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Body Awareness

The current Jewish Repertory Theatre production of Annie Baker’s Body Awareness is particularly worthy of mention as this 2008 play represents the first success by the winner of this year’s Pulitzer Prize for drama. She won the prize for Flick, which follows ushers in a movie theater. While Body Awareness is clearly an early work by a promising playwright only recently sprung from an academic world, the signs of greatness yet to come are apparent in Baker’s portrayal of an unconventional family whose problems are purged in unexpected and unconventional ways.

Kristen Tripp Kelley plays Joyce, a school teacher whose 21-year-old son Jared still lives with her and may have Asperger’s syndrome—a possibility he rejects with hostility. Adam Yellen plays the socially inept young man. Eileen Dugan plays Joyce’s lover, Phyllis, a college professor who is hosting a “Body Awareness” week at her small Vermont campus.

Complications between these characters are forced into motion when the family plays host to a visiting artist, Frank, played with creepy self-assurance and charm by Tim Newell. His art? He takes photographs of naked female subjects, including underage girls. Feminist Phyllis almost becomes unhinged.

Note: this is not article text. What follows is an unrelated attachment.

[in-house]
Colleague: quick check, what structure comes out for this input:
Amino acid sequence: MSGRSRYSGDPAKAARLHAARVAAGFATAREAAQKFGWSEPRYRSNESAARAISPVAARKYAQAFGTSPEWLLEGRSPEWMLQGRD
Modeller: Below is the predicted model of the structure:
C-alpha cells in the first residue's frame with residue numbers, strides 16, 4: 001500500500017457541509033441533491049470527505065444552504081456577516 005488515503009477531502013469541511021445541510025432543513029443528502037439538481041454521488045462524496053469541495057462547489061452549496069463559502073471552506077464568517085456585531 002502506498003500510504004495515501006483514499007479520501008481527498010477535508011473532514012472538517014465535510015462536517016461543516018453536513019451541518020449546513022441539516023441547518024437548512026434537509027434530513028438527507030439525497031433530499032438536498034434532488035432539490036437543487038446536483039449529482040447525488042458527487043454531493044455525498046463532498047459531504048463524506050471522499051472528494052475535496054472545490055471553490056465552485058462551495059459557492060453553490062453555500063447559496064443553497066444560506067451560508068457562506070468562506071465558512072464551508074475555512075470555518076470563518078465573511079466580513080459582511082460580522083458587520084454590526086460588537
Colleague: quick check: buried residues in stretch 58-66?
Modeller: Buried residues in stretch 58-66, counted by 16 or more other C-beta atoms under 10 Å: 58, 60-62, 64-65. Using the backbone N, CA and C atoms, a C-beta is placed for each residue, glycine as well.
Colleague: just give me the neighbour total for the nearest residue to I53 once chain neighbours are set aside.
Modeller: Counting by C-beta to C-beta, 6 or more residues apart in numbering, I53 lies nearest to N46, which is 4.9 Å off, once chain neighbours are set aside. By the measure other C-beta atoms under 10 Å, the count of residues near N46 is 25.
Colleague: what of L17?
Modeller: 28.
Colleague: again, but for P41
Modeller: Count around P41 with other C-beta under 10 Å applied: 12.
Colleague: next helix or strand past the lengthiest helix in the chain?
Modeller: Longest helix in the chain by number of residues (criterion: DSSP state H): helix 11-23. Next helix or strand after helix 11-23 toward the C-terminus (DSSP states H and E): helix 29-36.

The beauty of the play lies in the manner in which each character’s flaws mesh with the flaws of the others. This is also its flaw. The relationships seem to have been mapped out in advance on paper. As a result, reactions often seem perfunctory rather than motivated. Every ripple in this pond is greeted with instant fury. Phyllis is particularly lacking in the empathy we are told Jared lacks—yes, I know, that’s the point, but it seems mechanical when she coldly tells her girlfriend she is not an academic, when she instantly flies into a rage after learning that Frank’s photos are female nudes, when she smacks Jared down for every social miscalculation.

As often, however, the payoff is sublime. A pivotal scene in which Frank gives Jared horrifically bad advice on how to get a girlfriend is simultaneously hilarious and nightmarish. Its consequences will be life altering for everyone.

Saul Elkin has directed a first-rate cast that seems able to rise above the play’s imperfections. The people seem real and believable, and Baker’s artful resolution of her plot is delightful, as every character emerges with greater awareness of both self and others. The production continues through June 1.

For ticket information, dates, and times for these productions see the On the Boards section.